Acer is a bit left out when it comes to recent news. We guess they felt that as well, and that is why they prepared these new devices for the market. One of them is the Acer Swift 3 (SF314-43), which has AMD hardware from top to bottom. Of course, there is an Intel-powered device as well, but we will focus on the former one.
When you read the specs on paper, you would be pretty satisfied with the specs of the device and might just go online and order it. But, as always, you would have to dig a bit deeper, and when you do you find that the same device isn’t what you thought it would be. This is the situation with the Acer Swift 3, which we will talk about today.
Today, we are giving you a quick overview of the new Acer Swift 3 (SF314-43).
Acer Swift 3 (SF314-43): Full Specs
In terms of design, this is a Swift 3, so portability is key. You get a lightweight body, which weighs 1.20 kg and is just under 16 mm, in terms of thickness, which is a whole two millimeters shorter. Build materials aren’t specified, but we would imagine that it has the same build as the previous year’s device, which had a unibody made out of aluminum and magnesium alloy. The unibody was very rigid and had little to no flex. The metal has a nice finish, which gives you a cool-to-the-touch feeling. Branding-wise, the Acer logo isn’t overused, being found only on the center of the lid and below the display.
Acer has simplified the display choices, by giving you only one screen to choose from. It is a 14-inch Full HD IPS panel, which sounds very similar to the screen on the previous Swift 3. If it indeed is the same panel, we would be happy, because that panel had everything you would ever want if you were an average consumer. It had good viewing angles and was bright enough. The color coverage wasn’t going to blow you away, but not everyone needs a display with wide coverage or super accurate colors.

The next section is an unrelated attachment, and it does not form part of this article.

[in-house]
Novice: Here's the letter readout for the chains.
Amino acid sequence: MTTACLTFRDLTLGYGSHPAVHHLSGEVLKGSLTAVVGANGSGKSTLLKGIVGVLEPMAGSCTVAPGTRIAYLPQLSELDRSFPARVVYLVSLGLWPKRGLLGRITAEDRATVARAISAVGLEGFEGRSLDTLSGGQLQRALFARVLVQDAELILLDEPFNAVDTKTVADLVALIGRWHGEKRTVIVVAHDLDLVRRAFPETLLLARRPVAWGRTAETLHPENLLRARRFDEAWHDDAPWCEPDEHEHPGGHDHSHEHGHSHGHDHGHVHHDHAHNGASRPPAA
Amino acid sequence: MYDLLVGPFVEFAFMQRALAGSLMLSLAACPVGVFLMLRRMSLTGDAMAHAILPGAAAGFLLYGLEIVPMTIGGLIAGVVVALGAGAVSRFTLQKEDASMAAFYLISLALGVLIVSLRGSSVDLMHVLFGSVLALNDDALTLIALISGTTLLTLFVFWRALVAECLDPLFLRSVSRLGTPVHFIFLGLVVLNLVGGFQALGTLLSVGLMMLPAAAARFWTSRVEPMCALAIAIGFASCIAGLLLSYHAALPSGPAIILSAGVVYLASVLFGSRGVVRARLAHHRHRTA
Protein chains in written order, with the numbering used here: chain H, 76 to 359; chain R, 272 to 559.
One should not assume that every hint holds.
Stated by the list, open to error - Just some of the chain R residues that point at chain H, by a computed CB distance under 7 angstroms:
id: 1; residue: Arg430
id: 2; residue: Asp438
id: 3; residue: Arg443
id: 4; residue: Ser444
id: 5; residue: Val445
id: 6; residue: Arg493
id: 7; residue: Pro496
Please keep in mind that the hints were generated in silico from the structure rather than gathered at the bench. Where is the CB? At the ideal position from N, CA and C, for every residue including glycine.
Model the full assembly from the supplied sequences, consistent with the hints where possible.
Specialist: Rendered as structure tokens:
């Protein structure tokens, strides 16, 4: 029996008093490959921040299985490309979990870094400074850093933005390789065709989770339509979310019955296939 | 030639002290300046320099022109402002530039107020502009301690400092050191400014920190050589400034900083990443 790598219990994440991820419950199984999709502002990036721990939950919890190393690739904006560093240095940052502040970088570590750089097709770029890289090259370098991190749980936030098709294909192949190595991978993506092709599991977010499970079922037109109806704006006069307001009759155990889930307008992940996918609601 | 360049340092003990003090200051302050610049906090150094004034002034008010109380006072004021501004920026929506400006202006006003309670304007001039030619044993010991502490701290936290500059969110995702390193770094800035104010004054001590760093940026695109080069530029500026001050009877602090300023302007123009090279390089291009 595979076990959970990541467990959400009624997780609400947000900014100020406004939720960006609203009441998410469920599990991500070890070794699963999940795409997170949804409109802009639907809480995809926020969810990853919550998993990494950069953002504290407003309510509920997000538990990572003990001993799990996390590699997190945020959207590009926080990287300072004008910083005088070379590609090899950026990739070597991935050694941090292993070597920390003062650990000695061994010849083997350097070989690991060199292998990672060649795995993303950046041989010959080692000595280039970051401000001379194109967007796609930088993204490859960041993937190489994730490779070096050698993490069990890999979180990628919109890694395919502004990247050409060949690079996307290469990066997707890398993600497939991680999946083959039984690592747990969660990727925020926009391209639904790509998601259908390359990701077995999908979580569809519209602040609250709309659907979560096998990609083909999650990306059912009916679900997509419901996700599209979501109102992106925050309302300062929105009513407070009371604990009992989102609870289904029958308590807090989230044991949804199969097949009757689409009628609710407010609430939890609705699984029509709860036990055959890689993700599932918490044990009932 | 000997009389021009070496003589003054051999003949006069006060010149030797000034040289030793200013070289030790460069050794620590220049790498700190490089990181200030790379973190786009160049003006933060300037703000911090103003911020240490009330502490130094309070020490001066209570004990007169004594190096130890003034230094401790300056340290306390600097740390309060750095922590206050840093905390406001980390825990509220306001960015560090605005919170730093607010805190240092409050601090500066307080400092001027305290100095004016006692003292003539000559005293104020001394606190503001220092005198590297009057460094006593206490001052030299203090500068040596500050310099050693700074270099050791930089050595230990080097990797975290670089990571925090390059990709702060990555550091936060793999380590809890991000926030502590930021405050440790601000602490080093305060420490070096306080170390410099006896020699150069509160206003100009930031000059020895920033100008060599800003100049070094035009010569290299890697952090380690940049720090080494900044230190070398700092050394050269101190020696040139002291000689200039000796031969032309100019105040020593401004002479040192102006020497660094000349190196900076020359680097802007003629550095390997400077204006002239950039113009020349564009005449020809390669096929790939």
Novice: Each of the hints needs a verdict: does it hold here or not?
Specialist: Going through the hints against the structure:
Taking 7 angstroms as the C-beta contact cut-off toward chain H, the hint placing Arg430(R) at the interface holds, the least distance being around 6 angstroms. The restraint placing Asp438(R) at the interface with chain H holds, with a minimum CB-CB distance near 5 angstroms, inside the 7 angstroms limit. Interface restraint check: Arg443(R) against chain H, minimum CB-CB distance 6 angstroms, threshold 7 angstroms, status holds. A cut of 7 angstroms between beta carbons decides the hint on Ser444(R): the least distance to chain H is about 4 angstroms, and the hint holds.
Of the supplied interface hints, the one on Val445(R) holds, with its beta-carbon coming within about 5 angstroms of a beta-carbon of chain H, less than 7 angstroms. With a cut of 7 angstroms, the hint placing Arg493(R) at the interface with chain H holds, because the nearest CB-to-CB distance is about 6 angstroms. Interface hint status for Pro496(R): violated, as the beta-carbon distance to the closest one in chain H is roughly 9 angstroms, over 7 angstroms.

Specifications and features
The specifications look to be improved, but looks can be deceiving and they for sure are here. The laptop uses the Ryzen 5000 U-series processors, some of which use the older Zen 2 architecture. The CPUs in question are the Ryzen 3 5300U, the Ryzen 5 5500U and the Ryzen 7 5700U. The exact same CPUs that power the Swift 3 that we have here today. This essentially makes the upgrade only on paper, besides for the more cache, which can actually help the performance, as the CPU has more quick access memory at its disposal. Taking care of the graphics are the same Radeon RX Vega iGPU solutions that we know from the previous Ryzen U-series processors. Although the CPUs seem old, they still have plenty of power, even when compared to the Tiger Lake options so you wouldn’t need to be worried.
On the Swift 3, you also get a backlit keyboard and a fingerprint reader, which are becoming more and more common in laptops. Audio will be on a good level, as there is a stereo speaker setup from DTS Audio, which is a well-known brand in the audio space. Overall, buying this laptop over its predecessor doesn’t make a lot of sense, in which case finding the best value for your money would be the plan to go for. If you’re a diehard Intel fan, however, take a look at the Intel-powered model.
- CPU AMD Ryzen 7 5700U
AMD Ryzen 5 5500U
AMD Ryzen 3 5300U
- GPU AMD Radeon RX Vega 7 (R4000,5000 15W)
AMD Radeon RX Vega 6 (R4000/5000, 15W)
- Display 14.0”, Full HD (1920 x 1080), IPS
- Dimensions 322.8 x 212.2 x 15.9 mm (12.71" x 8.35" x 0.63")
- Weight 1.20 kg (2.6 lbs)